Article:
Monday, July 8

Mini Reviews: July 8th Edition [Nintendo Switch eShop]

With quite a lot going on at the moment I’ve had to pull back the time I’ve been putting into playing and evaluating all of the games that come my way. I’ll always post gameplay of the titles I get but while I don’t feel comfortable committing to full reviews for titles I do want to at least summarize my thoughts on them. So these are the quick summaries on my thoughts on games I’ve played, highlighting the ones that are stand-outs when appropriate.

Slay the Spire [Nindie Choice!] - While deck building games would usually fall into the category of titles I’d file under “an acquired taste” the Switch now has 2 rock solid titles with that style of play that have proven mainstream friendly this year. While SteamWorld Quest went more story-driven and static though, Slay the Spire very much embraces a roguelike approach instead that keeps it challenging and surprising across many attempts you’ll make with its heroes that each have a very different style. There’s definitely a learning curve here, as you’ll need to experiment with different combinations of cards to work out which synergize the most effectively together and which you’re better off without. For true roguelike or strategy fans this is absolutely a title you won’t want to miss out on, it easily lives up to the positive buzz it has been receiving.

War Tech Fighters [Nindie Choice!] - While there have been a few big robots battling in space games on Switch to date none of them have quite clicked for me. Though War Tech Fighters takes a little getting used to it’s the first that has put the overall package together in a way that’s compelling, if perhaps a bit repetitive. Strangely one of the elements that made me a believer is the use of the somewhat cinematic finishers that you can use to dispatch your enemies once their health is sufficiently low. You have a small boost to incentivize you doing them and thankfully the wealth of ways your mech will finish off enemies manages to make it fun, even if it ends up stilting the flow of gameplay. While it may lean more heavily on popcorn fun than some may prefer, a bevvy of upgrade options and a sense of flair help it to climb to the top of the genre heap on Switch.

Graveyard Keeper - Ever since the release and massive success of Stardew Valley I’ve been waiting to see what games it would inspire. Surprisingly, there really haven’t been many to date but now we have Graveyard Keeper stepping up to the plate. Certainly the elevator pitch for the game would be “Stardew Valley but with a morbid sense of humor” and that would be an accurate assessment on the surface. Dig a little deeper and spend some time with it though and there are some clear differences beyond just the gallows humor. Functionally many of the tasks and general routines are very similar, with you needing to explore, learn skills, acquire equipment through purchase or crafting, and make friends. Where Keeper comes up short is that it isn’t as structured and well crafted. Progress is slow, quest goals tend to string together too many tasks, and on a general level the game feels a bit more like a refined rough draft than a carefully composed and polished masterpiece. There’s no doubt fun to be had here, it can just be a lot of squeeze at times for not quite enough juice.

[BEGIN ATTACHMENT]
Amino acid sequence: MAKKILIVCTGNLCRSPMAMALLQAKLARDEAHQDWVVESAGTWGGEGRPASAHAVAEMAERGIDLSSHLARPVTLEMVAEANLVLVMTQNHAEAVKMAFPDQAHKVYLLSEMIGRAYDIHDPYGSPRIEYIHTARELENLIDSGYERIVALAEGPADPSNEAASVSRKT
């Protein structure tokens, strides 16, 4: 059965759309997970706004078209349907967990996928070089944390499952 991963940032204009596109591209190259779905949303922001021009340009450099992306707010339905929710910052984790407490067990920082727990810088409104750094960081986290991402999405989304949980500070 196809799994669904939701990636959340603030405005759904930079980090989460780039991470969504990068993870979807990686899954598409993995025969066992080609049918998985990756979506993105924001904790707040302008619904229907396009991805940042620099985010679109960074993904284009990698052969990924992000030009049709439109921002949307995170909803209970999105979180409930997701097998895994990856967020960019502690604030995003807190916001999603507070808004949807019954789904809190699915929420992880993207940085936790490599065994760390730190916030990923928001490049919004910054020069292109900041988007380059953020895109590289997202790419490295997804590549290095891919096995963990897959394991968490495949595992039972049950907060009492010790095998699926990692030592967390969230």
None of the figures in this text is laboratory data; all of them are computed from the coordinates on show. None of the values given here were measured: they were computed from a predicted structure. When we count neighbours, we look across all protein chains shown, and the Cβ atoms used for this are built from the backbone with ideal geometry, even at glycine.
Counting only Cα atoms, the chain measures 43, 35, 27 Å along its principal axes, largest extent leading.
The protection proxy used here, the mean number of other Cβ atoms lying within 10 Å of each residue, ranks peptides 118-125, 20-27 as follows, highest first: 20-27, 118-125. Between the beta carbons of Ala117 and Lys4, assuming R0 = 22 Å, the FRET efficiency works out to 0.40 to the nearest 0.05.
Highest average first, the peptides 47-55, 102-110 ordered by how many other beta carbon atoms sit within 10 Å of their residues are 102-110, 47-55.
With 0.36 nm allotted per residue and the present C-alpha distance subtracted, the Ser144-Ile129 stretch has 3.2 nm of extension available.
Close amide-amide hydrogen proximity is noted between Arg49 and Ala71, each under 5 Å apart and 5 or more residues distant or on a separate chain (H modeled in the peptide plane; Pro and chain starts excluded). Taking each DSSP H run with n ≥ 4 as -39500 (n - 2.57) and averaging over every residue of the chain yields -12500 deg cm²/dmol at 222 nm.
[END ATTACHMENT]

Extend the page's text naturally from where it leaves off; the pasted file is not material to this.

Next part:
Red Faction Guerrilla Re-Mars-tered - If you’re seeking third-person shooting action with a healthy dose of destructions peppered in while this title may show its overall age it can still offer up some fun. Since it includes all of the game’s original DLC there’s a plentiful amount of content to work your way through, the question is whether what often feels like generic gunplay will sustain your interest throughout. Your missions will keep things moving with the best often being those that demand you wreck buildings using a number of means but repetition will still slowly set in. In part you can blame that on the sparse martian environments you’ll be working through which lack in distinction so mentally it all begins to meld together. Still, it has just enough to set itself aside as a unique experience on the Switch that it has some merit.

Q-YO Blaster - Let’s face it, there are simply a ton of shmups on the Switch and they come in all shapes and sizes. In terms of personality Q-YO Blaster does at least distinguish itself, with an odd sort of pixel art style that packs style and no lack of ambition. Indeed, some of the bosses almost look inspired by the likes of Cuphead in their scale and loving details, though in more of a 16-bit form. Where things are a bit more shaky is in the gameplay itself which more often than not feels a bit generic unfortunately, and the difficulty doesn’t help here with stretches that feel a bit too easy punctuated with sudden jumps. That said, if you enjoy the likes of classics like the Parodius series and want something a bit more unorthodox it makes for a great choice.

Redneck Skeet Shooting - Ugh, there are just some games that you can’t understand being released on Switch. Sure, there are mobile ports of all kinds that have made it over, undoubtedly with varying degrees of value and success. In the case of Redneck Skeet Shooting the extremely limited play, dull grinding, and very little genuine content would make it an iffy prospect even on a mobile device. Aside from looking for some sort of lowbrow humor (which there really isn’t any, I just struggle to identify the appeal beyond that) this budget title just has so very little to offer that I can’t recommend it.